The Issue with Book-to-Screen Adaptations

Madison Donenfeld, Literature Review Editor

Over the past 15 years, the popularity of book-to-screen adaptations has skyrocketed. From bestselling romance novels to cherished classics, audiences have eagerly awaited the transformation of their favorite literary works onto the screen, in the form of both movies and television shows. However, although this is a great idea in theory, the works do not always translate as well as the viewer may hope. The adaptations often end up being cliché, or don’t capture the essence of the original novel. The hype that builds when a beloved book is announced for adaptation can quickly turn into disappointment when the on-screen portrayal falls short of readers’ expectations.

One particularly infamous case of this occurrence is the two Percy Jackson movies. After the Harry Potter saga was turned into an incredibly popular movie series, Hollywood was desperate to have another blockbuster. Following many, many mediocre attempts to gain the viewership of the literary fandom, such as Divergent, Twilight, and The Fault in Our Stars, readers were given the highly anticipated Percy Jackson movies. The issue with them? No one liked them. The cast wasn’t very accurate, the plot felt inconsistent, and fans overall felt that there wasn’t enough effort put into replicating the general feel of the book. During this era, an overabundance of young adult book-to-movies were being produced, and it just felt like every popular book was being made into a horrible, inaccurate show or movie.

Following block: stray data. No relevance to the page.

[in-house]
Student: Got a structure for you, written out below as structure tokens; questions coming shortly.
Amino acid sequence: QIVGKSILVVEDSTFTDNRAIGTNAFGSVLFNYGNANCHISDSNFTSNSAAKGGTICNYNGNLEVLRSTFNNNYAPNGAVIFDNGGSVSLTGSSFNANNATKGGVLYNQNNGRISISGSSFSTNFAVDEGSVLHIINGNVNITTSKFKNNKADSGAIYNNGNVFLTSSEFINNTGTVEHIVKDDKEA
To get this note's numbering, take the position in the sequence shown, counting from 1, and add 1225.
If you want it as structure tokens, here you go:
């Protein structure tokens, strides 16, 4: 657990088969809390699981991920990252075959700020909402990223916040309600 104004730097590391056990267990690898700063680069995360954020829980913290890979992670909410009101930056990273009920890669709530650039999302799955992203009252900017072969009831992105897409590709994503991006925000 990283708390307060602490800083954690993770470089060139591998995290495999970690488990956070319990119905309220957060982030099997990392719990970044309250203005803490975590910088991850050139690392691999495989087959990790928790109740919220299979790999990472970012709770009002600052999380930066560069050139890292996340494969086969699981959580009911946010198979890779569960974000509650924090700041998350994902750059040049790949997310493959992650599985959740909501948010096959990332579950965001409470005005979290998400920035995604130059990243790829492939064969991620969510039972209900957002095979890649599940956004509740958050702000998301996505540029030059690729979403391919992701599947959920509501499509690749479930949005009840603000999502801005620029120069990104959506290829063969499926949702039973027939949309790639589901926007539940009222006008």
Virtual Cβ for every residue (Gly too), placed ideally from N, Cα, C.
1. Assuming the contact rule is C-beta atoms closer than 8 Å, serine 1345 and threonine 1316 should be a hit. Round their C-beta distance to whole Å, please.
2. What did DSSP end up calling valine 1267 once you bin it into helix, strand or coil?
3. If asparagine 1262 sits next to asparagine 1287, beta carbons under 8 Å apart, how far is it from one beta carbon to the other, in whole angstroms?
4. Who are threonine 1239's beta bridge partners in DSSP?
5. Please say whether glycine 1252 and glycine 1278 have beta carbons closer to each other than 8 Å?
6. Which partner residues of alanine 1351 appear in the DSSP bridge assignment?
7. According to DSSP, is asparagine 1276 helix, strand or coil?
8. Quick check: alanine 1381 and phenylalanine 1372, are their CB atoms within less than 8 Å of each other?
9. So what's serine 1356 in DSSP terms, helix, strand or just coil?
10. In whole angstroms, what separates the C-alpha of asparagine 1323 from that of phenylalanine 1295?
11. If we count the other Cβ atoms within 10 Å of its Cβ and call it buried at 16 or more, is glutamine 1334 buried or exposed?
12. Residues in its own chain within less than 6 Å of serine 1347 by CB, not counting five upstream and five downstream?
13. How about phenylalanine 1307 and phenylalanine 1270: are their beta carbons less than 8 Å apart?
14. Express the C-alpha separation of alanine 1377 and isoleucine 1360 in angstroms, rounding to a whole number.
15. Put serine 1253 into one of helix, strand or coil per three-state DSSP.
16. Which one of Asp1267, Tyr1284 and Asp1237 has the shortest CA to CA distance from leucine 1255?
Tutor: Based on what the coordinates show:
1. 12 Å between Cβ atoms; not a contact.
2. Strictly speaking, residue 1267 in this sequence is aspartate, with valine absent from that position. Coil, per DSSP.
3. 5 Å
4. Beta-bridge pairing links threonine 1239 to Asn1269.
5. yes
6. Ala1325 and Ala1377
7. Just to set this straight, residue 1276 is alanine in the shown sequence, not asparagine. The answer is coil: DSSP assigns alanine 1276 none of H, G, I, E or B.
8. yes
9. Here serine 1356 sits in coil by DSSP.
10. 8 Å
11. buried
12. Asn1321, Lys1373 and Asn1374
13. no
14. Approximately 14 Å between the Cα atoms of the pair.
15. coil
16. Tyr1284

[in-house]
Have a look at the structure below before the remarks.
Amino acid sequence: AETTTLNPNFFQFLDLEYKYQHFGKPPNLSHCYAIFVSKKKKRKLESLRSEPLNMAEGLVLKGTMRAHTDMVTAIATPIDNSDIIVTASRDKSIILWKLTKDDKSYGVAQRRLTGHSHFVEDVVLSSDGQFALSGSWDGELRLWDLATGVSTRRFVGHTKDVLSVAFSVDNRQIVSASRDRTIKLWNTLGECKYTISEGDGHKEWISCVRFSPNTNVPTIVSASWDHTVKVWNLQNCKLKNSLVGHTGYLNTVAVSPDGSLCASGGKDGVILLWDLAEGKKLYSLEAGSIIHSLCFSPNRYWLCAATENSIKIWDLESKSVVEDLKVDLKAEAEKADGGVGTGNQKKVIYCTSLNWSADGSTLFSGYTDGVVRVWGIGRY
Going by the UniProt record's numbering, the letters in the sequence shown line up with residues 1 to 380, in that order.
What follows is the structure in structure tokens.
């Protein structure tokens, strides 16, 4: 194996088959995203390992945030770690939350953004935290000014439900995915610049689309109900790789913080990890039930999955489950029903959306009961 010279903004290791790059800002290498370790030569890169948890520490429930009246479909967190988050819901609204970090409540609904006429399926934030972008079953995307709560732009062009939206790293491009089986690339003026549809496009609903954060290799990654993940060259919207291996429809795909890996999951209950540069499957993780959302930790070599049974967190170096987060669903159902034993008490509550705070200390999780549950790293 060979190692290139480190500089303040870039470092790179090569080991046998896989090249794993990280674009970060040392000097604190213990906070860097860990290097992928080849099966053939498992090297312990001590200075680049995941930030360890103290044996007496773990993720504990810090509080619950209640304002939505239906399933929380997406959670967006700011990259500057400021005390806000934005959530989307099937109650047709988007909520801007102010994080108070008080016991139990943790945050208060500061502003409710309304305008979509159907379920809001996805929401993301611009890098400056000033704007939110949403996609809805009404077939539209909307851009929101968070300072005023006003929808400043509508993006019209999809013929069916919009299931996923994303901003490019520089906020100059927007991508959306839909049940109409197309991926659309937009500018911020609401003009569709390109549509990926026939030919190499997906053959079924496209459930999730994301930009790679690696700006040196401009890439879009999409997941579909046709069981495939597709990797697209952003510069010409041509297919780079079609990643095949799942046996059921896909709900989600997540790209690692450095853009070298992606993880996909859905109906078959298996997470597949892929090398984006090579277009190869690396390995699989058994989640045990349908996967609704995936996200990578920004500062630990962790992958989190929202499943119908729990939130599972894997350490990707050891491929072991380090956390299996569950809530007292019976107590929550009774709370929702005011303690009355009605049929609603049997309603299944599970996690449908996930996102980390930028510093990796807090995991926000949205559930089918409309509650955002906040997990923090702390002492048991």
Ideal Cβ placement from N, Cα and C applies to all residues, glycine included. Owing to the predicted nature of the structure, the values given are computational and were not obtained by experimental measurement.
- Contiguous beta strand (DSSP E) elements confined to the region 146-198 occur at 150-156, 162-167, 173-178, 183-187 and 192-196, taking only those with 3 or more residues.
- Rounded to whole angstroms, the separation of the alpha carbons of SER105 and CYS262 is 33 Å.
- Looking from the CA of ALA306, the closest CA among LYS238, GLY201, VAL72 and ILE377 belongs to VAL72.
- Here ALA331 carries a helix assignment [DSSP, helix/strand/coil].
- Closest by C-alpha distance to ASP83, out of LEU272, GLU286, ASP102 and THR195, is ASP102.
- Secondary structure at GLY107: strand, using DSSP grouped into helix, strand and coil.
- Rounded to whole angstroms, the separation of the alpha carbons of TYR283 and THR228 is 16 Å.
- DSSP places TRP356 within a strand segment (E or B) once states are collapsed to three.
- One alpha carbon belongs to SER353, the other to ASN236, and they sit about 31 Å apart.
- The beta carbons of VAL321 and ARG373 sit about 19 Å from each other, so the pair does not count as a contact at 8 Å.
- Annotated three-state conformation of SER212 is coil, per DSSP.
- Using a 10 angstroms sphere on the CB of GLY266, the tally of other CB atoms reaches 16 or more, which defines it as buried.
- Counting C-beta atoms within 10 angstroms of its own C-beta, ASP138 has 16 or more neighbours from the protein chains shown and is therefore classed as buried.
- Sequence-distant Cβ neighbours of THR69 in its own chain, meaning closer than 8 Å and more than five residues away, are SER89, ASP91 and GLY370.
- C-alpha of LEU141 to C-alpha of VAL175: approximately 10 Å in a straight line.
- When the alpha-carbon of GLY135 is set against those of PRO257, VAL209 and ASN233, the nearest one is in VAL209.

However, although the general consensus is that these 2010s remakes are…not great, some of them are worth watching. Even though The Hunger Games is quite cringey, it is very well-made, follows the book’s plot closely, and ended up being extremely successful. Both the book and the movie were very well-received and well-written. 

At times a book’s popularity can grow due to their television counterpart, which is why many authors choose to approve an adaptation. Although the wave of movie adaptations has died down, it is now common for a book to be produced for streaming services. These recent  remakes are often very well-received, as in the cases of Shadow and Bone on Netflix, Daisy Jones & The Six on Prime Video, and Normal People on Hulu. Although all books were already admired in their own right, their respective shows garnered the books even more attention.

Book-to-screen adaptations will never stop being produced, and although they have a bad rep and a bad history, they are improving with time. A lot of the time they aren’t great…or even good, but the romantic, angsty remakes of the 2010s will always have a special place in my heart.